Ran into Richard Dawkins on the Internet again today, so I thought I’d go over why I think he’s a dummy:
“Science” is a particular way of knowing, and especially of learning. Anyone who gets into the metaphysics will eventually arrive at the problem that there is no really good way of wrapping your mind around the world; the mind is inherently representational, meaning that it can, at best and at worst, deal in approximations of the universe, the construction of an ideal that inevitably involves the paring away of detail. Unfortunately, this seems the only way available to us to comprehend the world: a bottle of milk, your fingernails, the social relation between people and dogs, all of these things occupy space and time in ways so diabolically complex and infinite that to know them fully is impossible; what you can know is a mere shadow of the bottle of milk, a rude representation of the aspects of it that your mind is prepared to see. A bottle of milk held in my hand implies all of the fundamental mysteries of the universe: to know it fully would be to know everything. The way I know it is infinitely smaller.
Science is the pretense that this reduction is an access to the truth. And it is, of course, access to an aspect of it, and often quite a useful one. My mind comprehends the bottle of milk as physical form, nutritive liquid, situated in a particular cultural context. That chain of relations allows me to direct my subjective experience; I can open it, manipulate it, drink it, talk about it. And the application of rigor to that mental model, making its construction more explicit, rule-based, mathematical, precise, extends my power of manipulating that subjective experience.
But, it does NOT provide me with complete knowledge of anything. Let’s take the so-called “laws of physics”; first of all, they don’t actually exist. Not a single physical “law” is true even to the limit of our understanding; all of them break down at the edges. Sometimes, we might hope that we are able to replace these “laws” with ones that better represent reality (that is, better provide us with the means to predict and direct events), but inherent in that representation, as there is in all human knowledge, is a reduction.
Moreover, knowledge that is rooted in empirical observation – i.e., the “scientific method” – is a particularly narrow reduction of the possible scope of representation. Being rigorous and regimented, it is a conservative way of understanding the universe – that which cannot be demonstrated cannot be taken as true.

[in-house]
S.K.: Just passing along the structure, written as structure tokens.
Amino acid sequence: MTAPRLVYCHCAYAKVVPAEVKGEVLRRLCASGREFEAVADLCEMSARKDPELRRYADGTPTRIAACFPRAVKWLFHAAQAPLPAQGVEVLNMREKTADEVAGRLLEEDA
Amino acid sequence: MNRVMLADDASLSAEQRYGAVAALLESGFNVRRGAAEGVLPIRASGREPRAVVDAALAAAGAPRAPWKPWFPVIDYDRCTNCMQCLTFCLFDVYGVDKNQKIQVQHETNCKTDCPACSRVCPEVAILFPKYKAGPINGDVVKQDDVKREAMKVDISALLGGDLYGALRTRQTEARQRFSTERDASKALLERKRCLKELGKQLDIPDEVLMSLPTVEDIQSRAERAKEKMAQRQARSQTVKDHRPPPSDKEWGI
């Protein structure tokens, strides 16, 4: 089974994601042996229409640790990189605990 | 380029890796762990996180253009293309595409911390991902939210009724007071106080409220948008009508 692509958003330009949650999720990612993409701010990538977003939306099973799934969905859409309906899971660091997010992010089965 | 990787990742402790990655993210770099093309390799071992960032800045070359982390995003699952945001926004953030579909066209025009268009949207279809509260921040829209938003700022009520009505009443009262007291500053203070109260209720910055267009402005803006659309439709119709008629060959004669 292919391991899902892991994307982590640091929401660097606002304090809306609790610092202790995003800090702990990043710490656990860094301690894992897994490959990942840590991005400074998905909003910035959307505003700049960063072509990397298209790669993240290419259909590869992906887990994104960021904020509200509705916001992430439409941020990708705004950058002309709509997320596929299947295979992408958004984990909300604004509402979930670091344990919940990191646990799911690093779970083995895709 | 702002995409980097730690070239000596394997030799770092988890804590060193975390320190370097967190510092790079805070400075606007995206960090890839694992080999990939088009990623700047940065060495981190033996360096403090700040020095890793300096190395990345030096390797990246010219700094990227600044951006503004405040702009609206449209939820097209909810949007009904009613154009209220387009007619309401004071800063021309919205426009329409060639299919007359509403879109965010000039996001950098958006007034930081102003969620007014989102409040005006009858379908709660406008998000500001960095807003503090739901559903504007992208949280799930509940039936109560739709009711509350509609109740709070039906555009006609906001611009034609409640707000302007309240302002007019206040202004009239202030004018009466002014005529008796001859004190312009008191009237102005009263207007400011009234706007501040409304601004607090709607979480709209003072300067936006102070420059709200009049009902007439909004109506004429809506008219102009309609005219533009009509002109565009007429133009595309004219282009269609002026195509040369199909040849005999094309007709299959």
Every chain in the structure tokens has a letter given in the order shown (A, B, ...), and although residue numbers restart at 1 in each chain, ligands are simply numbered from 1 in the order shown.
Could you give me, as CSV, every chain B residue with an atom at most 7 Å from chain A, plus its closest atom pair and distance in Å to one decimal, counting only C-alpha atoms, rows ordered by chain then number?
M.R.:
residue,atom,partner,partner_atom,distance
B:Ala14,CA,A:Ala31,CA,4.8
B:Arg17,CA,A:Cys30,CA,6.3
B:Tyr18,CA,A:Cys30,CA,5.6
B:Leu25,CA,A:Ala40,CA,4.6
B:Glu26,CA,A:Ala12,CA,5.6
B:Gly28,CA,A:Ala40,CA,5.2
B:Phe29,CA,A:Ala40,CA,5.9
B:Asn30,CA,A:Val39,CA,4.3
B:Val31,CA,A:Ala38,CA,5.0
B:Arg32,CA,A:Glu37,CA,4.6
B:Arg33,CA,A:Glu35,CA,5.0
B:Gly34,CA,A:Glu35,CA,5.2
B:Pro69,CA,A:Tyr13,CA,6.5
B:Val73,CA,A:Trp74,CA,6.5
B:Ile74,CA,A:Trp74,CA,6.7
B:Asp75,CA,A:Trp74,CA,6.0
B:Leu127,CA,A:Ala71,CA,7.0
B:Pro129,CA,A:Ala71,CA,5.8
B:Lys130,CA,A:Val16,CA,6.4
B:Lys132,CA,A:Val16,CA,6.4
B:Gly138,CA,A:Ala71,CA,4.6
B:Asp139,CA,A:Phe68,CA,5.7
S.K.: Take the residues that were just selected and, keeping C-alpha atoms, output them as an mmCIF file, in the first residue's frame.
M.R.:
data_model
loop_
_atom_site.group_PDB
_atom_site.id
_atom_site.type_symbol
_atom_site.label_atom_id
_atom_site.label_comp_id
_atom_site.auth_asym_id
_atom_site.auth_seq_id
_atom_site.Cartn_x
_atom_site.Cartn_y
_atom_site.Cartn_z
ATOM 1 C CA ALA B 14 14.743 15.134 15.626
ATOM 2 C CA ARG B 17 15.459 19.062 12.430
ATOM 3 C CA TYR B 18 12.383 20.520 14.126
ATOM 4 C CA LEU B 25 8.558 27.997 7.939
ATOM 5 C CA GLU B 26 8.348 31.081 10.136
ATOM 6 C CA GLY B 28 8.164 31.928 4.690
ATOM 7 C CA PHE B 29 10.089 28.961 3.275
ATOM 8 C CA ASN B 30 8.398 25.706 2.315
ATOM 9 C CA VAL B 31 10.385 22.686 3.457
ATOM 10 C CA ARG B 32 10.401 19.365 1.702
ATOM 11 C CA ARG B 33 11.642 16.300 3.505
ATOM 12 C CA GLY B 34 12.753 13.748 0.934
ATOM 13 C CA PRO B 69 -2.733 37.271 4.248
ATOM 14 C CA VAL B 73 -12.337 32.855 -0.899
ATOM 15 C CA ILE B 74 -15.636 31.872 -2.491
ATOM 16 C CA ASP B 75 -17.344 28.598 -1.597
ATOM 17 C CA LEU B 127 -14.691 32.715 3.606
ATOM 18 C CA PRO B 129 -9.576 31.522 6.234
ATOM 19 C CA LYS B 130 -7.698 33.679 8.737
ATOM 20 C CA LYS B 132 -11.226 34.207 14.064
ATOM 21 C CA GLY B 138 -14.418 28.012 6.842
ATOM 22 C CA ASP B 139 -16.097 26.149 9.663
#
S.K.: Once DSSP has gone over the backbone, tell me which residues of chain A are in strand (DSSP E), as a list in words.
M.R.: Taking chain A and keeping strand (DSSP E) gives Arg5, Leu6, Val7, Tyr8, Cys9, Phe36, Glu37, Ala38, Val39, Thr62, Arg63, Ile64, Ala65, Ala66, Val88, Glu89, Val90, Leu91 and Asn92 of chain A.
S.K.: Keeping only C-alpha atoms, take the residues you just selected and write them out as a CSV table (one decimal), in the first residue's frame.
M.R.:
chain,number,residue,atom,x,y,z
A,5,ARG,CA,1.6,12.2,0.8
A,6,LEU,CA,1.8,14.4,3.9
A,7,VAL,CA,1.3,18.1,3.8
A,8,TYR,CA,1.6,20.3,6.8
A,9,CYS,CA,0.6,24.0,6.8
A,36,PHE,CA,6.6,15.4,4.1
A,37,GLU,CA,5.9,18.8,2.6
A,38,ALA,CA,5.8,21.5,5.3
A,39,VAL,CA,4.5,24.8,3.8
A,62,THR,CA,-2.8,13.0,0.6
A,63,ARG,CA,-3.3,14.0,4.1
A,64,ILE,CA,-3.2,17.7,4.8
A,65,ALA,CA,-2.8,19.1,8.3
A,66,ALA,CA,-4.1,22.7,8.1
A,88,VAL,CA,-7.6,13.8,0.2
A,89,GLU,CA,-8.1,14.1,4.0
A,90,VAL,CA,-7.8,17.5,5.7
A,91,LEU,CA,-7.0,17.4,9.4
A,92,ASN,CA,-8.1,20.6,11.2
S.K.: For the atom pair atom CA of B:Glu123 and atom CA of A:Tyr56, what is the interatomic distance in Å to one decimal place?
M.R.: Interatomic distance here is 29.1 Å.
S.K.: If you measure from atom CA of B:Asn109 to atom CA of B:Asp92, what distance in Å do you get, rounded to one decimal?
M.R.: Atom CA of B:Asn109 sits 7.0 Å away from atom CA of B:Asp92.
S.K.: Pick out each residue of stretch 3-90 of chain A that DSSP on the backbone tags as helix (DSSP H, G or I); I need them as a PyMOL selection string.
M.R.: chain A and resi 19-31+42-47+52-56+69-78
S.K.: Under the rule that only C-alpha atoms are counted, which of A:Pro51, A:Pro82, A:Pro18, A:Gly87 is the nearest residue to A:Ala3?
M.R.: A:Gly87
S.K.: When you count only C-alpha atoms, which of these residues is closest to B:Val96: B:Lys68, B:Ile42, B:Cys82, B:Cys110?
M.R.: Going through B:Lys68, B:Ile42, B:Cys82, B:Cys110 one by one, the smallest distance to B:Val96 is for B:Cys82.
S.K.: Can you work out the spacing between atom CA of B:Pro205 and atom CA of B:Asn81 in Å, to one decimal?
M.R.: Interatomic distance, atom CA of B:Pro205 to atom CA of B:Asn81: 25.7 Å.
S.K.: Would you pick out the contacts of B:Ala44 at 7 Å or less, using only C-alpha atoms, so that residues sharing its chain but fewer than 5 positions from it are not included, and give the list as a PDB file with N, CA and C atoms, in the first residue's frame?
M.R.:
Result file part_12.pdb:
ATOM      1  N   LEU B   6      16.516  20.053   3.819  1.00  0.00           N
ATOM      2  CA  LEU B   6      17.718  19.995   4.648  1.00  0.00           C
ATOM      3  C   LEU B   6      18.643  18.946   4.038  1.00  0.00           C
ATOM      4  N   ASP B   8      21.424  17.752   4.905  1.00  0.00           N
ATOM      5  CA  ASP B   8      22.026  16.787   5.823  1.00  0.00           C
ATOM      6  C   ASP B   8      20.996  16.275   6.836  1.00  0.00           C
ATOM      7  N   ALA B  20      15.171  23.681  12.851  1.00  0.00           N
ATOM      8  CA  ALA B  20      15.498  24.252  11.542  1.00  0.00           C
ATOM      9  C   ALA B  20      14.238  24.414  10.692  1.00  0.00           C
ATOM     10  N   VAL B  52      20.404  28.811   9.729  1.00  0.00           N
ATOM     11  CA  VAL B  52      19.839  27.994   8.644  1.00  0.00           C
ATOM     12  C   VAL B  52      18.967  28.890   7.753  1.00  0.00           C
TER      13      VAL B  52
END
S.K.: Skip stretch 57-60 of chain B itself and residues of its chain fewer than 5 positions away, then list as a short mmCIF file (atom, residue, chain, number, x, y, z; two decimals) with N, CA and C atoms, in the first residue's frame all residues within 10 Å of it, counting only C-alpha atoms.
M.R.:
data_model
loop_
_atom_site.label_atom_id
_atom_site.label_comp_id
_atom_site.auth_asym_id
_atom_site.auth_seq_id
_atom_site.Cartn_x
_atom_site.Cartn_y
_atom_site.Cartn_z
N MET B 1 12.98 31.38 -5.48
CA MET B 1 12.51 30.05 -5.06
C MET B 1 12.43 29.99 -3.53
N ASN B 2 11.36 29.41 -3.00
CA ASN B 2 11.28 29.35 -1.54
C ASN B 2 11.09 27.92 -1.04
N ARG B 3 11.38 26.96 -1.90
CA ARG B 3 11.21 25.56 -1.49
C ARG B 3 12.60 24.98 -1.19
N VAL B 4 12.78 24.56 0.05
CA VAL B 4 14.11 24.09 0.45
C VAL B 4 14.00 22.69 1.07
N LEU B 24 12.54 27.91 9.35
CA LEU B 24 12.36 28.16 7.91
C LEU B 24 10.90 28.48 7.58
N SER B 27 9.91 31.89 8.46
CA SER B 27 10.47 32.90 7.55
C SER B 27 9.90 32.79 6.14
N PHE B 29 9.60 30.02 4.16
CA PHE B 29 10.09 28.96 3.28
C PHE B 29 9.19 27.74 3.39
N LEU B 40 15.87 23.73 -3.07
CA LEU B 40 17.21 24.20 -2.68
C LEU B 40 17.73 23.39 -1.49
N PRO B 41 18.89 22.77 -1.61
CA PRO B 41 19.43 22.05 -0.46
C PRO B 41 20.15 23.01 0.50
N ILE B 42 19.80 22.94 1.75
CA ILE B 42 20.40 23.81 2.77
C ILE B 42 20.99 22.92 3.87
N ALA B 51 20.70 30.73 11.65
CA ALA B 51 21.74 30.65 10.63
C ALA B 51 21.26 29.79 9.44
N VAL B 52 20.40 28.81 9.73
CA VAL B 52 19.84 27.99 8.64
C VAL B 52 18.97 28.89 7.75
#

But we should be careful not to confuse the advantages of this conservative form with indispensability; there are many other ways of knowing that are often quicker and more useful, that are decidedly not scientific. The fleeting trace of worry on my lover’s face is something I might ingest and act on; the utility of this form of knowing is unquestionably high, and it’s probably the case that here is a piece of information that is more-or-less inaccessible to rigorous empirical examination; I can’t conduct double-blinded controlled studies on how worried my lover is, and about what. But, no matter: the fact that I can’t know something empirically does not mean that I can’t know it, and the fact that I can’t prove something empirically does not mean I cannot consider it to be true. Empiricism is only one way of understanding the universe.
Let me reiterate that scientific examination is an extremely rigorous and powerful way of understanding the world. It has recently become fashionable, however, to turn this rigor into a kind of rationalist absolutism. Science cannot replace all other forms of understanding, and we should be cognizant of its limits. Because it does, indeed, limit us to force all of our thinking to be scientific. A lot of thought is not scientific, by necessity, and works better because of it.
To dispense with the subject of God: there is an old Sanskrit aphorism which lampoons the ability of rational examination to say anything substantive on the question of divinity. The only statements you can make are in the negative – “neti, neti” – it’s not this, it’s not this. This might allow us to pare back some, or even most, of the claims of religion, but it’s not enough to leave us with anything other than a puzzled agnosticism. The fact that you cannot scientifically prove the existence of God is not a defeat for God, really, it’s just a limitation of science as a way of knowing.